Dirty Dining: Critical violations found inside local school cafeterias

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INDIANAPOLIS, Ind. (Feb. 16, 2015) – Our kids spend a lot of time eating in school cafeterias, so FOX59 took Dirty Dining into schools to see what they’re cooking up.

The lunch line is iconic, but it’s a place that is as mocked as any other place we eat: whether it be in movies or TV shows.

The reality, though, is that most kids eat a school lunch almost every day.

In Wayne Township Schools, Child Nutrition Director Sara Gasiorowski and her team serve up 11,600 breakfasts and 12,800 lunches each day alone.

“You’re serving customers. Whether it’s a customer in a restaurant or a guest here in the school, they’re still our customers,” Gasiorowski said.

It goes deeper than that, though. Schools are subject to the same inspections as any other food establishment, generating health inspection reports just like your favorite restaurants.

FOX59 dug into the most recent health reports for every school in Marion County, assigning each a letter grade that corresponds to our own generated grading scale.

Here’s the breakdown:

  • A = Clean report, no violations
  • A- = 1 non-critical violation (not likely to make kids sick)
  • B = 1 critical violation
  • C = 2 critical violations
  • D = 2 critical violations and 3+ non-critical violations
  • F = 3+ critical violations

The results were not always appetizing.

Click here to find out what grade your child's school received.

Take Northview Middle School in Washington Township, where an inspector “observed several live roaches throughout kitchen area, employee restroom and dry storage room.” On our scale, Northview received an F grade.

The district would not allow us inside the school to see changes for ourselves. It sent a statement instead.

“MSDWT takes all Board of Health inspections very seriously and when violations are noted we act immediately to resolve them.  The staff at Northview takes great pride in the cleanliness of their kitchen, the quality of their food and the safety of the students they serve.  At Northview over 1,000 healthy breakfasts and lunches are served each day.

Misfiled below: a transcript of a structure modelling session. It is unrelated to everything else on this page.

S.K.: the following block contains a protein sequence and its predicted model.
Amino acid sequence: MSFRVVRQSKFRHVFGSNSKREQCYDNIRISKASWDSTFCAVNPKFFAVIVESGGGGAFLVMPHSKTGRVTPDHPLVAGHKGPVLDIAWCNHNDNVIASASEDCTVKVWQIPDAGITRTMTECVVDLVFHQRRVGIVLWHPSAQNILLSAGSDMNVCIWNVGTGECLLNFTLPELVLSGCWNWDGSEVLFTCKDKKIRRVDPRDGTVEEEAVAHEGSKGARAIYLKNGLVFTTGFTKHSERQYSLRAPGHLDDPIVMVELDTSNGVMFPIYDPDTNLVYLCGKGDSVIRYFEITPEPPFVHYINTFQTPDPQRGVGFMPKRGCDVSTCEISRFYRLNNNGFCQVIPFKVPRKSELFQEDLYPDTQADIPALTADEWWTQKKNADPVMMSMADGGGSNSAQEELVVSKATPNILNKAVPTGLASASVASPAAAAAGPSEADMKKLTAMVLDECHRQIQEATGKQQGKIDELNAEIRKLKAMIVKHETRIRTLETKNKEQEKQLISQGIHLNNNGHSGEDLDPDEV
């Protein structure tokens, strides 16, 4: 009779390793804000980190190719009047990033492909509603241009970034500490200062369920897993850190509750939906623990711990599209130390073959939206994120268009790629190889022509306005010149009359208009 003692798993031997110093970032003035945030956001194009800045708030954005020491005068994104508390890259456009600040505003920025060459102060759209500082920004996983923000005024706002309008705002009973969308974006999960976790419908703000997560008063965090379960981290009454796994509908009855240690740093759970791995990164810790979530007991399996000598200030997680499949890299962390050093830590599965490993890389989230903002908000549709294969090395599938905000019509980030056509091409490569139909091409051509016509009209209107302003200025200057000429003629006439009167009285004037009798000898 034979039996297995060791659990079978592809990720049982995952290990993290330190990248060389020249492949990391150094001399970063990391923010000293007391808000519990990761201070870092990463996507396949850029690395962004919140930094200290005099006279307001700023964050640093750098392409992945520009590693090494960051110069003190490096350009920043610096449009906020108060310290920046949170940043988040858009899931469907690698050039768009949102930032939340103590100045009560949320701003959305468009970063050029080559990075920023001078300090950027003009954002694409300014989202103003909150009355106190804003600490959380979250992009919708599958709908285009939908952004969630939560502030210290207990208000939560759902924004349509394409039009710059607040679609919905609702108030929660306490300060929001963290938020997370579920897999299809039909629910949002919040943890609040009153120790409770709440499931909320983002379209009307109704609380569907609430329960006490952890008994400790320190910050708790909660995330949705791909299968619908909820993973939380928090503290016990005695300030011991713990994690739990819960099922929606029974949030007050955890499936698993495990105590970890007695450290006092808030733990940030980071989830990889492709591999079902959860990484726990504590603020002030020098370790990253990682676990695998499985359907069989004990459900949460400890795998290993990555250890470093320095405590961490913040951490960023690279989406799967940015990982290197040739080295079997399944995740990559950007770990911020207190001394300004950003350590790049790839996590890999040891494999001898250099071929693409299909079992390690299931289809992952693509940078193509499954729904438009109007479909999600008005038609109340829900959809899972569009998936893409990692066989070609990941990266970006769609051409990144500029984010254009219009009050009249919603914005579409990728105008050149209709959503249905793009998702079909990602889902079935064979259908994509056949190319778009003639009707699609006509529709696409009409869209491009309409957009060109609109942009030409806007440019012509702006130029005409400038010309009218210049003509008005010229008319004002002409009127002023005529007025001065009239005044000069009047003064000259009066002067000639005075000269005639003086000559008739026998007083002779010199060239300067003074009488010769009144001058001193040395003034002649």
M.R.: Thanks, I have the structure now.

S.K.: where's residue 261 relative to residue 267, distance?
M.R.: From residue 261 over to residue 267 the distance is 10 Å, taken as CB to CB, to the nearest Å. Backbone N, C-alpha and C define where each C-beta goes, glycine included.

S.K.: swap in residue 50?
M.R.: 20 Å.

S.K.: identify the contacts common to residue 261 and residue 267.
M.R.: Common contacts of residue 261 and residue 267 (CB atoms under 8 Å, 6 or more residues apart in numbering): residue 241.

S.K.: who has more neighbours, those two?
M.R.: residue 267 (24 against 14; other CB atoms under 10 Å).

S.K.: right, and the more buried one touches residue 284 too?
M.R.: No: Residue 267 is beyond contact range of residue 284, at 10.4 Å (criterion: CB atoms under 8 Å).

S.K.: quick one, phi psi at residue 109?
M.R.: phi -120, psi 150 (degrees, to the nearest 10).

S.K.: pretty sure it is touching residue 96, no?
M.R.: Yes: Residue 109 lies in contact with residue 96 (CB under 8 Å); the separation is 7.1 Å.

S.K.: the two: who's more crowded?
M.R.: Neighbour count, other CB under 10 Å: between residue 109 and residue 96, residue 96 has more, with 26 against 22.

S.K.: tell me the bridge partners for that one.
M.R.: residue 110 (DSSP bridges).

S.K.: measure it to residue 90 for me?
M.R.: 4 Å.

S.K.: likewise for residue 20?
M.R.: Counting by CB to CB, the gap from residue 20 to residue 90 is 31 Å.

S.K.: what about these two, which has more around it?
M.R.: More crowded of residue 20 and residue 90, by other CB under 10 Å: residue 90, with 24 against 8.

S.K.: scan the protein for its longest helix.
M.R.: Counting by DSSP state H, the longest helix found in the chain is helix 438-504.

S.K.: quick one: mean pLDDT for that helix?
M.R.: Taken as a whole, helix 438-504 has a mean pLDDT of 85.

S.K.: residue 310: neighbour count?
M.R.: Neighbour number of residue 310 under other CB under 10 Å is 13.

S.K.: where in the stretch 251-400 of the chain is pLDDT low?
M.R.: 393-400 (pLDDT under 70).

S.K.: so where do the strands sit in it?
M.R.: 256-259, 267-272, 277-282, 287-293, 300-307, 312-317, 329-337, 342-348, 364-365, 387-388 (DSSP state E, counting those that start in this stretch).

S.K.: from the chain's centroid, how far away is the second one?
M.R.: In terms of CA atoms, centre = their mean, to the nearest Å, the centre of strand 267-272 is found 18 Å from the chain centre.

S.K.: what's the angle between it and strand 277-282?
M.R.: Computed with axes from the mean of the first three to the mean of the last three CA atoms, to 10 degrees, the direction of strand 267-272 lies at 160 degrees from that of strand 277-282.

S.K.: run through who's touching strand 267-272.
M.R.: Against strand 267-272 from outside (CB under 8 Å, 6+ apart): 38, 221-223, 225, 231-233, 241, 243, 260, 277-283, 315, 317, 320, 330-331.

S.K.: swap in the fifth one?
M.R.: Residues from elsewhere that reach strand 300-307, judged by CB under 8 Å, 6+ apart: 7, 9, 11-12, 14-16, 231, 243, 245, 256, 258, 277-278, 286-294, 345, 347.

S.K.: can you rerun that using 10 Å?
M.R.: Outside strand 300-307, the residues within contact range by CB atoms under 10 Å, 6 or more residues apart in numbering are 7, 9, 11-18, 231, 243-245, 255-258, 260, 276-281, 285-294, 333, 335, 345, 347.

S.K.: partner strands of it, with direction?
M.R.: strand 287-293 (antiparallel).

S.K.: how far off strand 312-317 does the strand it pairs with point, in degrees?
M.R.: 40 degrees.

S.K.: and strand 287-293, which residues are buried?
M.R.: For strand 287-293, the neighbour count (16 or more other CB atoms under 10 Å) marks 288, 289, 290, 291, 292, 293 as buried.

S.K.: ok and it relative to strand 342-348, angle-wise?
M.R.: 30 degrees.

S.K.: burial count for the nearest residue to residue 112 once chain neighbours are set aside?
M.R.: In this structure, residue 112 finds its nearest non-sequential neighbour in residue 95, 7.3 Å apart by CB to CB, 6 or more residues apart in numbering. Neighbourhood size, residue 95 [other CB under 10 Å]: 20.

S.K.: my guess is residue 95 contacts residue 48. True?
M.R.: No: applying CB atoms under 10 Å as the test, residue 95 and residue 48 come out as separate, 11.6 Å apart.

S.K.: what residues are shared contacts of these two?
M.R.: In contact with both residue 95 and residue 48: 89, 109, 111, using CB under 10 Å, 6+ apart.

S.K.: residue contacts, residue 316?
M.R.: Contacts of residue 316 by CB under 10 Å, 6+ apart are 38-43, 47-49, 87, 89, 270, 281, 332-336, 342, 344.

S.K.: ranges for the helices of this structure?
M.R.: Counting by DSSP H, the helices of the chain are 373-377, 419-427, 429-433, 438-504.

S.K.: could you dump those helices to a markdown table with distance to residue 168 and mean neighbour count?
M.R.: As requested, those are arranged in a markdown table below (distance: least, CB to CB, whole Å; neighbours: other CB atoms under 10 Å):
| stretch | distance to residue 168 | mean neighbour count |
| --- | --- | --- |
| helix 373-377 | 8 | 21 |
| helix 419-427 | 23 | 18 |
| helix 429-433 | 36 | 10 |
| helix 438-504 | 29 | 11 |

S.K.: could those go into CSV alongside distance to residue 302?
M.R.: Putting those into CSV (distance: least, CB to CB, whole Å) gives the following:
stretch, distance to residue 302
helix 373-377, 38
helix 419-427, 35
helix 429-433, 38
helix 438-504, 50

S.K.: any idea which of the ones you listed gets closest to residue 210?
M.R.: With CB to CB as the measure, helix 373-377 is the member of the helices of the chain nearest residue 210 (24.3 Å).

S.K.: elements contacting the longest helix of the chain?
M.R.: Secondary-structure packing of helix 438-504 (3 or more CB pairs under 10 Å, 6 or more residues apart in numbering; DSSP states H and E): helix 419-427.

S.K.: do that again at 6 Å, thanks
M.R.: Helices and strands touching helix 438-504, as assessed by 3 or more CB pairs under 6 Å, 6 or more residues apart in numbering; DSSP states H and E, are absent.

The Marion County Board of Health arrived at Northview on Friday, September 12, 2014. After their thorough inspection some violations were cited that required a recheck by the Board of Health.

The Board of Health returned on Monday, September 15, 2014 to determine whether the pest problem only, was corrected. This inspection report indicated that the pest problem was corrected in all 3 areas,” district spokesperson Ellen Rogers said.

Next up was the Indianapolis Math and Science Academy, or IMSA, West campus. The charter school encountered a big problem in their last inspection and also received an F score on our scale.

The school had no hot water, critical for sanitation. An inspector even made them “provide cold sack lunches at IMSA North and deliver to this school until the hot water is restored.”

“When it comes to the health and safety of our students, nothing is more important. The moment we learned of these issues, we took immediate action to address them, and we swiftly and successfully corrected them. We take our role as educators very seriously, and we remain committed to delivering the highest quality of educational experience to our students,” an IMSA West statement read.

A score on our scale didn't always tell the full story, though.

Emmerich Manual High School, just south of downtown, received a B on our grading system. However, an inspector told the school to “remove the rodent droppings in the mop sink room and by … cabinets in the kitchen.” That inspector even found a “dead mouse on (a) glue board.”

Charter Schools USA, the company that runs the turnaround school, also sent FOX 59 a statement.

“As part of our dedication to creating an outstanding academic environment to our schools, we are also deeply committed to maintaining a clean and safe area for food preparation. Health inspections have in the past been handled directly with the food service provider, however, to assure timely and guaranteed compliance, we have recently changed our processes so that the school principal also receives any health inspection notices and can act on them immediately. We have reviewed all violations and have corrected any items that were out of compliance,” Teresa Brown, Regional Director of Indiana for Charter Schools USA, said.

If you’re sensing a theme, you’re right. None of the schools we wanted to talk to about concerning reports let us inside.

Wayne Township was the only district to allow us in and all of its schools passed. For that, the district gets our Dine 59 award.

“We look at them as if they were our own children and what would we expect if it were our own child,” Gasiorowski said.

As for your kids, you should know that schools are checked out twice a year and will all get a spring semester check up in the coming months. If you wonder what’s being dished out onto your child’s plate, check in with your school or click here for a full list of Marion County schools or to look up a report in another county.

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